North Texas Daily

Freshman offensive lineman towering over expectations

Freshman offensive lineman towering over expectations

October 01
12:31 2015

Alex Lessard | Staff Writer

@alexlikechexmix

Last year, scouts from across the country gathered at Coppell High School in search of five-star talent. One under-the-radar prospect caught their eyes before even taking a step on to the field.

Measured at 6’9, 360 pounds, freshman offensive lineman Jordan Murray is by far the largest player on the North Texas roster. When Murray first arrived for summer camp, players and coaches were shocked at how small he made everyone else look, including junior offensive lineman Kaydon Kirby.

“The first time you meet him, you look up at him and he makes you feel like a kid,” Kirby said.

Murray’s massive frame helped him garner attention from across the country. After going through the pros and cons of each of his collegiate options, Murray initially made a verbal commitment to San Diego State University.

But the opportunity to change his mind still remained, and Mean Green head coach Dan McCarney was determined to convince Murray that North Texas was the right place to be.

“For a while in the recruiting process, he wanted to get as far away from Denton, Texas as he could,” McCarney said. “As time when on, I think he realized it might be best just to stay close to home and be close to family.”

North Texas was Murray’s last college visit, spending an entire weekend touring campus and team facilities with family. On other visits, coaches talked about playing Murray at guard rather than at tackle, his most natural position. At North Texas, offensive line coach Mike Simmonds told Murray he could have a chance to start at left tackle as a freshman.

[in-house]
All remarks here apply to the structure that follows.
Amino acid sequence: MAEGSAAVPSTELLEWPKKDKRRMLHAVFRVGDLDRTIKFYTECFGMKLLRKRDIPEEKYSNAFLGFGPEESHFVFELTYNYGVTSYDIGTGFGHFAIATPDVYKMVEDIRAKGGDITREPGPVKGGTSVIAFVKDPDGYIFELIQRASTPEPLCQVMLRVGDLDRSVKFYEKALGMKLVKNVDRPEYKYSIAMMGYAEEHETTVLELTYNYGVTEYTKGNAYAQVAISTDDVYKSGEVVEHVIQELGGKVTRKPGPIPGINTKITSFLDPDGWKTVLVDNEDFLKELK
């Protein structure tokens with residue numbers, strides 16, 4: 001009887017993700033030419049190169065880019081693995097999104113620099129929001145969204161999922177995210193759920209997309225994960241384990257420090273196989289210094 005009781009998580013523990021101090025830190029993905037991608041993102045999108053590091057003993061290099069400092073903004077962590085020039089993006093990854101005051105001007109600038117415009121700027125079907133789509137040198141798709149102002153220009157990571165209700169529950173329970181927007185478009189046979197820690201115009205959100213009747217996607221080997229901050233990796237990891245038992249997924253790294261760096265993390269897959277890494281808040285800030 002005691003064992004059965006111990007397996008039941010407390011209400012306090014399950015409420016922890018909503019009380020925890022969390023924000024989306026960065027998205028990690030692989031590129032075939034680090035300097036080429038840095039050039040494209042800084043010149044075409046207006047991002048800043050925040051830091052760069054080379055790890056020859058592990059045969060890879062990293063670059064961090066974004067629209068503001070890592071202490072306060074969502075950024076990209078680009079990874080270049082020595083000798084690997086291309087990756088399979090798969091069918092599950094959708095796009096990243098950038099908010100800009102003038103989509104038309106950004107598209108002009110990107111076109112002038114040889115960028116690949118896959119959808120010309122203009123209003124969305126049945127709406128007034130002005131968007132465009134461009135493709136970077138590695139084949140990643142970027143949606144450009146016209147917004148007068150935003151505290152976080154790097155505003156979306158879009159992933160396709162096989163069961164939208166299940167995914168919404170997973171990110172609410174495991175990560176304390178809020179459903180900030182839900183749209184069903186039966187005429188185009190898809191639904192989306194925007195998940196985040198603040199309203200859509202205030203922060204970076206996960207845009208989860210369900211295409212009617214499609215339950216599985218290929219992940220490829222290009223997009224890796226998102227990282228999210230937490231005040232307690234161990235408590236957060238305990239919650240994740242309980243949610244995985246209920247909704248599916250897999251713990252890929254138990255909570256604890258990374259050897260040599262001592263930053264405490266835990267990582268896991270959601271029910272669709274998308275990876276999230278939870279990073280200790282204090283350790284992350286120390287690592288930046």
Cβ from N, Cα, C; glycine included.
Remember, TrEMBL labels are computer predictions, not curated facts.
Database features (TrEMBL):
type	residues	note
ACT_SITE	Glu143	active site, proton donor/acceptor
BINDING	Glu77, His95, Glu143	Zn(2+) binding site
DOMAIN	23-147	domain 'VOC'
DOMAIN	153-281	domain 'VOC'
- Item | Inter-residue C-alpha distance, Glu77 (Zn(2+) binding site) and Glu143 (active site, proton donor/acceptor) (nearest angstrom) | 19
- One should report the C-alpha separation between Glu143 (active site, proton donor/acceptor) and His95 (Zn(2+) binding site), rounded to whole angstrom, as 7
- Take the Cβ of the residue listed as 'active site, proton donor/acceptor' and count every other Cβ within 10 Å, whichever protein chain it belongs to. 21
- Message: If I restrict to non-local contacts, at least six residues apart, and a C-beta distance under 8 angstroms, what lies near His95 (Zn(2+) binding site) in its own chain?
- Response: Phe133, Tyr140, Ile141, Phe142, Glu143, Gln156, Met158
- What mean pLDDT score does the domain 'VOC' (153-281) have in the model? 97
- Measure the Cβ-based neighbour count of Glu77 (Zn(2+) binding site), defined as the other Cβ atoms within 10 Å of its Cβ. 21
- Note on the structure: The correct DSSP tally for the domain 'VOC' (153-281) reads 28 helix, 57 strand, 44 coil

“He puts people in the [NFL],” Murray said of his position coach. “That’s my goal. Those are my aspirations. That’s what I want to do. I felt like this was a place I could make an immediate impact.”

Despite being ranked as a three-star recruit and the No. 15 offensive tackle in Texas by Scout.com, Murray came into camp buried behind veterans on the depth chart. He continued to work hard, learned the playbook quickly and impressed coaches enough to be named the starting left tackle for the first home game of the season against Rice University.

The coaching staff however has not stuck with the same starting lineup on either side of the ball through the first three games, especially on the offensive line. McCarney said the left tackle battle between Murray and senior offensive lineman Michael Banogu will likely continue throughout the season, and playing time will be determined on a week-to-week basis.

“[Murray’s] maturity is way beyond his age, along with his length, toughness and grit,” McCarney said. “He hates to get beat and he’s coachable. Those are all great things when you’re looking at offensive linemen.”

Murray spent time at both ends of the line in high school, but has always felt most comfortable protecting his quarterback at left tackle.

“I like the pressure knowing the quarterback is depending on me,” Murray said. “It’s his blindside. He’s not looking that way. He’s got to trust that I got his back.”

While blocking faster and stronger edge rushers than what he saw in high school has been a tough transition, Murray has also had to adjust to college life off the field. Finding time for football, class and sleep has been a struggle, but the folks at Victory Hall have made things a little easier for him. They gave him a special seven-foot bed so his legs don’t dangle off the edge.

Murray has been ducking through doors and cramming into school desks all his life, but something unexpected always seems to creep up on him. Murray said he constantly has to look out for his surroundings, especially after a recent run-in with a tree branch.

“Usually the average person would walk right under it, but it just hit me right in the face,” Murray said.

Since taking his first snaps in peewee football as a fifth grader, Murray has always set his expectations high. With the confidence of an entire coaching staff and a positive support system, Murray now has his mind set on leaving a legacy.

“When his career is over, god willing he stays healthy, I think he’s got a chance to be one of the best offensive linemen this school has ever had,” McCarney said.

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